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By Christine Benz and Eric Jacobson | 09-30-2013 12:00 PM

PIMCO Total Return Is Weathering the Storm

The bond behemoth is having a year to forget, but Morningstar senior fund analyst Eric Jacobson believes this Gold-rated fund's long-term track record has earned investors' patience.

Christine Benz: Hi, I'm Christine Benz for Many investors delegate their portfolios' fixed-income components to PIMCO. Joining me to discuss three of the firm's biggest bond funds is Eric Jacobson. He is a senior fund analyst with Morningstar.

Eric, thank you so much for being here.

Eric Jacobson: Glad to be with you Christine.

Benz: Eric, you recently spent a lot of time at PIMCO, so we thought it would be interesting to cycle through the firm's biggest bond funds and talk about your outlook for them, as well as how they're positioned currently. Let's start with PIMCO Total Return. It's having a year to forget so far in 2013. Let's talk about what has been behind its recent underperformance.

Jacobson: Well, there are few things going on there, but one of the biggest is really that the fund has had a fairly sizable allocation to TIPS--it's run between 10% and 12% in the last several months. The big story that we've been hearing from a lot of managers, not just PIMCO, is that there are these so-called risk-parity funds, which use a particular style to their asset allocation.

Benz: Are they hedgie-type funds?

Jacobson: It's really about how to do asset allocation across different sectors. It's slightly different than some of the conventional methods, really focusing on risk factors that they model, rather than just what the sectors are. But a lot of these portfolios have leverage in them, and there are some that are being buzzed around in the industry suggesting that during this most recent sell-off, the models told them to dump their TIPS allocations. So there is a perception out there that TIPS really, really underperform more than they otherwise would given this environment. The interesting thing, though, was that [manager Bill] Gross was committed to the sector, he views it as an insurance policy naturally against inflation being higher than the level at which they're currently priced. So it doesn't sound like he has any intention to get away from them despite this. He still thinks they are valuable part of the portfolio.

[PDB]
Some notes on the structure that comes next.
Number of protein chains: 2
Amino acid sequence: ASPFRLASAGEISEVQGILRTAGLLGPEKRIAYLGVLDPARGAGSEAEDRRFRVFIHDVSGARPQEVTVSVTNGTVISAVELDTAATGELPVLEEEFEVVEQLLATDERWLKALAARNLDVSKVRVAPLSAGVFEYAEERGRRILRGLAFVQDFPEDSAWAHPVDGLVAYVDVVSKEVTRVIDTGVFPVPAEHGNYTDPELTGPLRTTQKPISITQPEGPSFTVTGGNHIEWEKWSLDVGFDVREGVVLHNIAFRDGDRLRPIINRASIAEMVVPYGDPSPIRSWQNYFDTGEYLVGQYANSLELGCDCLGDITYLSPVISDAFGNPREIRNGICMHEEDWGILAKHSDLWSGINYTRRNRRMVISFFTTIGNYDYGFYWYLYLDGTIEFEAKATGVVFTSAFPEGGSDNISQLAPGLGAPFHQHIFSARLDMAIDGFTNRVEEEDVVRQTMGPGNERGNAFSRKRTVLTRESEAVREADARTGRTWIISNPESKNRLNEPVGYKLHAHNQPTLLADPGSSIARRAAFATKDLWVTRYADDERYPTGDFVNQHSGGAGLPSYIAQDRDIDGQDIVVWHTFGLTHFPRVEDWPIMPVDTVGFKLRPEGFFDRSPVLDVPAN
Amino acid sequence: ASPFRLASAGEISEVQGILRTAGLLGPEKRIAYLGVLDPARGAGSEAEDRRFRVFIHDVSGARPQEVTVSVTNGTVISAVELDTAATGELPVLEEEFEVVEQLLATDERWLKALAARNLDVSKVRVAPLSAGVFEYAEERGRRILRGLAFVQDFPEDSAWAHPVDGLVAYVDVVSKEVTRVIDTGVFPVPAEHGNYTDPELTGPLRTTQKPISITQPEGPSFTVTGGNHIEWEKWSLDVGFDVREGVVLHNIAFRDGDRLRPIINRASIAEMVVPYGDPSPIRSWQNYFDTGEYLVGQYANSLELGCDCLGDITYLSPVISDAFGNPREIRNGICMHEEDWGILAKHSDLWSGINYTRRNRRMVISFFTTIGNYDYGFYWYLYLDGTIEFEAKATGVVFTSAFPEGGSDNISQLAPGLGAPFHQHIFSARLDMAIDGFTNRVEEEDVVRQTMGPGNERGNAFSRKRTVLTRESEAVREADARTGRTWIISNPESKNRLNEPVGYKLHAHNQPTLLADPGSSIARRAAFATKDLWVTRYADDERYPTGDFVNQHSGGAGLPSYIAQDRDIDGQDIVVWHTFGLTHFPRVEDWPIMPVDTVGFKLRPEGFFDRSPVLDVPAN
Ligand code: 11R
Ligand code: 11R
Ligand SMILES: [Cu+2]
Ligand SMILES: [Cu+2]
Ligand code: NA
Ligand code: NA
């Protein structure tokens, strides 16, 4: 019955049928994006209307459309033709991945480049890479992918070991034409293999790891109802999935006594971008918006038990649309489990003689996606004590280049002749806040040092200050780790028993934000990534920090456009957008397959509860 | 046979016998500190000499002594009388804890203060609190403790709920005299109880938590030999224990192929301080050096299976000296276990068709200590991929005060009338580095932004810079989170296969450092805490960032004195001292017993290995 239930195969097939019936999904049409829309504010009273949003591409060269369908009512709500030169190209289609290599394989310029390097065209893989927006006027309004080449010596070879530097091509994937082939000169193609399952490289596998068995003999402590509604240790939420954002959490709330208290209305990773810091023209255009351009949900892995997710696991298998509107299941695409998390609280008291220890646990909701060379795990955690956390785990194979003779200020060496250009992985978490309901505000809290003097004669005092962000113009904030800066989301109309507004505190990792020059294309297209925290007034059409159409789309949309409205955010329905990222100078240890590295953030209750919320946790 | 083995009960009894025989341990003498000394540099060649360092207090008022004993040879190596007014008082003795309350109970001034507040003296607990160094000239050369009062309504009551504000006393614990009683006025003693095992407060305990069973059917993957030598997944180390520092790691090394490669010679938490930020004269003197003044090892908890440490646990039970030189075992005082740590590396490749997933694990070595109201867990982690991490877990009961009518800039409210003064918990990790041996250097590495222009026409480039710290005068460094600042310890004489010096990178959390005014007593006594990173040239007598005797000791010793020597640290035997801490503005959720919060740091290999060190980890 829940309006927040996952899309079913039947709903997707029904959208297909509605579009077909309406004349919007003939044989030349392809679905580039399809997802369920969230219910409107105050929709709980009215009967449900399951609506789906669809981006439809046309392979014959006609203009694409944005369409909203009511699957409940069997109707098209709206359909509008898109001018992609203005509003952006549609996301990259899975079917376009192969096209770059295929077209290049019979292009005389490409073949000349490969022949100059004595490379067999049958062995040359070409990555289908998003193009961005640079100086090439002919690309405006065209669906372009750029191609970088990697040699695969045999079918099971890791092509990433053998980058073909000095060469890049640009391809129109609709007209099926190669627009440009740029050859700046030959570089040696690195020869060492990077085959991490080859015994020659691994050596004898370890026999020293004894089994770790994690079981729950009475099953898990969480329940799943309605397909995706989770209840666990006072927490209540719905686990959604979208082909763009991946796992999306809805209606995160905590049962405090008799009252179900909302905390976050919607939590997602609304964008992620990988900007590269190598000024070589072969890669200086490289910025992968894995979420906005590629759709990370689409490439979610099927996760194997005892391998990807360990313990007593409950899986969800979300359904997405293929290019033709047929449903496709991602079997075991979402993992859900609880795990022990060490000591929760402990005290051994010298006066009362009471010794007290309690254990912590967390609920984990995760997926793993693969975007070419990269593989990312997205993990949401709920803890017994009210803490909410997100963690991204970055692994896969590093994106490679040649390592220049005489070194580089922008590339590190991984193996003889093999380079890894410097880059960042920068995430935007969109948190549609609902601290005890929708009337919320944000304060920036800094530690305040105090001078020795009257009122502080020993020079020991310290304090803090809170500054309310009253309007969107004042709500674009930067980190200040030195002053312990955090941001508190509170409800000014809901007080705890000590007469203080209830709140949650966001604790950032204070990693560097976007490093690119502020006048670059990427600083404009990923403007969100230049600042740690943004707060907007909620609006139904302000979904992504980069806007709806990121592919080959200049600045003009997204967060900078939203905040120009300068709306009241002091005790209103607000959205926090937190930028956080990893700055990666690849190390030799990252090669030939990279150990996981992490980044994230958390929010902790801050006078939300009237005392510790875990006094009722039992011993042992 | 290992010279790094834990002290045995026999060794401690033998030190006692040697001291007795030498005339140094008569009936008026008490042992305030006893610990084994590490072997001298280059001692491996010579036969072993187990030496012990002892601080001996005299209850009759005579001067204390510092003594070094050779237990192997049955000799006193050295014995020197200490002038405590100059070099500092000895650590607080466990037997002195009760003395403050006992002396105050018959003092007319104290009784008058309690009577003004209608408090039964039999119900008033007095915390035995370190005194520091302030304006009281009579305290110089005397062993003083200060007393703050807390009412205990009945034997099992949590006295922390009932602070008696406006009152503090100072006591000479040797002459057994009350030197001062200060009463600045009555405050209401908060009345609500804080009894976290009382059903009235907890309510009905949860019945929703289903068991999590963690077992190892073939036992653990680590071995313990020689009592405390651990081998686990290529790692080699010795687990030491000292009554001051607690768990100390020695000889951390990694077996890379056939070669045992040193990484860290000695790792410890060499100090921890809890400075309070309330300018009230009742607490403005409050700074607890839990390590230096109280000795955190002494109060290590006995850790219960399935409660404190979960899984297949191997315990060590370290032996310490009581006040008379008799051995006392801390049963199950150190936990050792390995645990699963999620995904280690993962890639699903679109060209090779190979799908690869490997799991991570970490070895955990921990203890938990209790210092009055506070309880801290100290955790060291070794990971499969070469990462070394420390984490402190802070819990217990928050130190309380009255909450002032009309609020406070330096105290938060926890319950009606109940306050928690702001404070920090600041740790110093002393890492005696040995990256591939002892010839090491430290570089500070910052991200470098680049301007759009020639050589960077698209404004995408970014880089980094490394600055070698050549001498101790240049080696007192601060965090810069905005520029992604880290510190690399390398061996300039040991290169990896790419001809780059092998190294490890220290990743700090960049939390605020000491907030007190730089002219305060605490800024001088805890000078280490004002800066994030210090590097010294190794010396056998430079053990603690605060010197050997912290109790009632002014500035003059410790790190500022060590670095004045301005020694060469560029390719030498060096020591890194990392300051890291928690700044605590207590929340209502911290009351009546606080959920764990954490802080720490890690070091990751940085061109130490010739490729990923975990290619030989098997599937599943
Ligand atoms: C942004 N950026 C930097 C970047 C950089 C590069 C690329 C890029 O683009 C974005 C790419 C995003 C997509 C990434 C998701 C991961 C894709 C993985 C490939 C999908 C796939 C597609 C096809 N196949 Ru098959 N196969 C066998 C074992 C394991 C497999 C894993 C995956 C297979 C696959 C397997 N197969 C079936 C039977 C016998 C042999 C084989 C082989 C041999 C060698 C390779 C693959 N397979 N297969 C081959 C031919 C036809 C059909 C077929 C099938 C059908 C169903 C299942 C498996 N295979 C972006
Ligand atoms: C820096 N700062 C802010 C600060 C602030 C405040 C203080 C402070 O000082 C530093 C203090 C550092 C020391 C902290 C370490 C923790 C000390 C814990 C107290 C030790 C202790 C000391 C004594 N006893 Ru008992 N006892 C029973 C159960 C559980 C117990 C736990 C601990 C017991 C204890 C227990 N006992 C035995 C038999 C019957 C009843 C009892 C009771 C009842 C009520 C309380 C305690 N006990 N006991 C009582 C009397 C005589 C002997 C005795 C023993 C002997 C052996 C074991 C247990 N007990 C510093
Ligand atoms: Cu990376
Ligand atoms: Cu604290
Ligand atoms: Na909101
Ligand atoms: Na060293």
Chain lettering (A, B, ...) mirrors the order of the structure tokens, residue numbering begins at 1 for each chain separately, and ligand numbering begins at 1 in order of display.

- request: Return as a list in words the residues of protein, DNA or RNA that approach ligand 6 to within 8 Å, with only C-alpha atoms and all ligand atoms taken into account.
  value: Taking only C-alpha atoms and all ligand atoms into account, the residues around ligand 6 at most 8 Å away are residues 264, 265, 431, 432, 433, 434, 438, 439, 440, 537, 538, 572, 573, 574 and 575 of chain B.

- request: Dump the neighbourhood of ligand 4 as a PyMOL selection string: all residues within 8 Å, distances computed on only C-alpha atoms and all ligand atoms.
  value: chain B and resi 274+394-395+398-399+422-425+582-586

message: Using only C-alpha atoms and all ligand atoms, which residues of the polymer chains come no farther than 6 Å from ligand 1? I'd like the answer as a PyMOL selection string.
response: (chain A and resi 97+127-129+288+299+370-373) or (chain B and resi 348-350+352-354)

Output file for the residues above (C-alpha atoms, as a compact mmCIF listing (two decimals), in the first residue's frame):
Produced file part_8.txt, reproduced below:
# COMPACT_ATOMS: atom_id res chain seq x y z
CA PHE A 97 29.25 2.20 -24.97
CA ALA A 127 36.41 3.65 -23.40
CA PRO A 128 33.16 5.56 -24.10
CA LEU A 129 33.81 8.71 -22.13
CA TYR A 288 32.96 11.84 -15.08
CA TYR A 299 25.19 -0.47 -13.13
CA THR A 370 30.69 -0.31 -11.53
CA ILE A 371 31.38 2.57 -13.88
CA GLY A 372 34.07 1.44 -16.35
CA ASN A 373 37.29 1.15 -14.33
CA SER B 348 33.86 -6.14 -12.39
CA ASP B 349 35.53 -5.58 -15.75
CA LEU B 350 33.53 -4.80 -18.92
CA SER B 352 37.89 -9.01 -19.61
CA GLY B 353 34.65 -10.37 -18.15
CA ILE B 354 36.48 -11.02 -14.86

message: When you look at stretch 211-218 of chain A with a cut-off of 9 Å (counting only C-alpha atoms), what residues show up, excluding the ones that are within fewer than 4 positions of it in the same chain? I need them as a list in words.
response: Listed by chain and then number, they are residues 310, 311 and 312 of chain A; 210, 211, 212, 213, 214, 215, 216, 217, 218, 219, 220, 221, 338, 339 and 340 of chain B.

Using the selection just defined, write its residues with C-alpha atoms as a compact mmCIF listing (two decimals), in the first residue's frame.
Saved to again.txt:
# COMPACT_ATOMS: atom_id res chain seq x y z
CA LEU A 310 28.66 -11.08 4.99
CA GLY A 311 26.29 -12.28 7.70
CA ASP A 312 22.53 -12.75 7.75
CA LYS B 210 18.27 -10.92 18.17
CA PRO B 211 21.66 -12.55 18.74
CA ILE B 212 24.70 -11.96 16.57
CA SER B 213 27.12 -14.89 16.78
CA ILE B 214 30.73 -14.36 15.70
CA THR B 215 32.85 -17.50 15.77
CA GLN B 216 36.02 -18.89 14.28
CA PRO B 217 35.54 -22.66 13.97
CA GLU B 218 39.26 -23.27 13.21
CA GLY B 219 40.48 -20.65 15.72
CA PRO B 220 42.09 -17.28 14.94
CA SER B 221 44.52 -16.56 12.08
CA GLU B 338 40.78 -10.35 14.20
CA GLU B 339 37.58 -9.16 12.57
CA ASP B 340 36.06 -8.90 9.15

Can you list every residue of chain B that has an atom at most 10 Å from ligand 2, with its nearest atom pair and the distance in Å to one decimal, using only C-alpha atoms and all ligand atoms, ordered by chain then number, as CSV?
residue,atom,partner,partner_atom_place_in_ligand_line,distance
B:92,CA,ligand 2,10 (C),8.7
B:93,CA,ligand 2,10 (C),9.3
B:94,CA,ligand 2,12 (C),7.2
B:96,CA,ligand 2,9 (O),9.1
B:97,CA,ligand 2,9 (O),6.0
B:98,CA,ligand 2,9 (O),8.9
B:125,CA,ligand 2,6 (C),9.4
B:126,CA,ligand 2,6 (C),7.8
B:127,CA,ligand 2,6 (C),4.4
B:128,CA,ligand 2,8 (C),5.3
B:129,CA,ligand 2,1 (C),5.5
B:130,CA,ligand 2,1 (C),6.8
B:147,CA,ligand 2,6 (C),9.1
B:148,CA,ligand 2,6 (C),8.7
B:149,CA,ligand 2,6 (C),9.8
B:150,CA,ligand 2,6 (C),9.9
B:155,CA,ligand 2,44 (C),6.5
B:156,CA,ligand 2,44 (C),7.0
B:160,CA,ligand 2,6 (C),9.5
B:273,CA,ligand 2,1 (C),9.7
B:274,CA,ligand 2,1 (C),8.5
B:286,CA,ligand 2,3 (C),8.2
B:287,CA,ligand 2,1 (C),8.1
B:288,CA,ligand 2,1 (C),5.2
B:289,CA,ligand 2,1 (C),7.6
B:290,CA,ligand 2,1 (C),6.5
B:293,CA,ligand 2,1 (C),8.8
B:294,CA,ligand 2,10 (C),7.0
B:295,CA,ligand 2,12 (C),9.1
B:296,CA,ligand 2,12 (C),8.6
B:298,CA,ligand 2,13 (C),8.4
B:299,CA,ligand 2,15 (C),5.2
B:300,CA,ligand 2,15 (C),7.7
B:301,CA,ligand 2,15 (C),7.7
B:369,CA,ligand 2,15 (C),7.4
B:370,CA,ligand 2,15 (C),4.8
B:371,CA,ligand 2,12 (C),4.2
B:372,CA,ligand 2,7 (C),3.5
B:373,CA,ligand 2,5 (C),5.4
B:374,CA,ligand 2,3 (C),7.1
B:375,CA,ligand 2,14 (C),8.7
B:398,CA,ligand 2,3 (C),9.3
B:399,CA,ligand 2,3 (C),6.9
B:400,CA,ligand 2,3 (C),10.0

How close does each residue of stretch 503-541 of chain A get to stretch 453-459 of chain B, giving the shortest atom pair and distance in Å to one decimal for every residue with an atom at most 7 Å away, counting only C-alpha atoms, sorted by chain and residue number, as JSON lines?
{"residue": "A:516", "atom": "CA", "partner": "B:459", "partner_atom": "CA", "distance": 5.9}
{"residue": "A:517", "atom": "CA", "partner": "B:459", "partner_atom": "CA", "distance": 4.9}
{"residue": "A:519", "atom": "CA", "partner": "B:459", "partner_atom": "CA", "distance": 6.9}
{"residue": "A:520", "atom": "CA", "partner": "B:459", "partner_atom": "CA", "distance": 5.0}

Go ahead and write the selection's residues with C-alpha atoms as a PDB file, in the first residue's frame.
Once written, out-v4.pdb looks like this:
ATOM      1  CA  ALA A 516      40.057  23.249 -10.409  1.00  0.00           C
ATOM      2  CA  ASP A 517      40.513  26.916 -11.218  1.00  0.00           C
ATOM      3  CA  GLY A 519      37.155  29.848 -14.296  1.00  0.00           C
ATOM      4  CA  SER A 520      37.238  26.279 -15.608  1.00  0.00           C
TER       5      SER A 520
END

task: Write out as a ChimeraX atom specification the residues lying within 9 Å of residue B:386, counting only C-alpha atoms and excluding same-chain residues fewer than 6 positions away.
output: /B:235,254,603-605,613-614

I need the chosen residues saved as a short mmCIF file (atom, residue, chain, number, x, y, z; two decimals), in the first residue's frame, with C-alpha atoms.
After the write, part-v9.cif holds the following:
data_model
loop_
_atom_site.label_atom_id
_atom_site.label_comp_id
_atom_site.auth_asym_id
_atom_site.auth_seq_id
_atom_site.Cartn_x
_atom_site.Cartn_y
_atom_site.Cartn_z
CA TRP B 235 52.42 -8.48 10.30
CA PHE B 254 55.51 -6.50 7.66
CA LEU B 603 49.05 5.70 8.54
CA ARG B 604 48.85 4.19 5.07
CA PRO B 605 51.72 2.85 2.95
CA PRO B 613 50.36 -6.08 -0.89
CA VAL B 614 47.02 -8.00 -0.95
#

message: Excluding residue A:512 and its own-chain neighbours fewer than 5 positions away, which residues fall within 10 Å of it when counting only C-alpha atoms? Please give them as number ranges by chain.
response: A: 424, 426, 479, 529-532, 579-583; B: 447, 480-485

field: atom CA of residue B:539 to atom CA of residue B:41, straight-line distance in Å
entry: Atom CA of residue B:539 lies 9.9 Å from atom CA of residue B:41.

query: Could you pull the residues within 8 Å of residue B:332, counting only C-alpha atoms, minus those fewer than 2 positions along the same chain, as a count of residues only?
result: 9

Benz: What is Gross' current thinking on interest-rate positioning?

Jacobson: In general, he's still being very cautious on interest rates. He looked to take on a little bit more interest-rate risk after the sell-off, feeling that Treasuries have been oversold. But, by and large, he's trying to steer the fund toward other sources of return and generally not taking benchmark or longer-than-benchmark-like duration positions.

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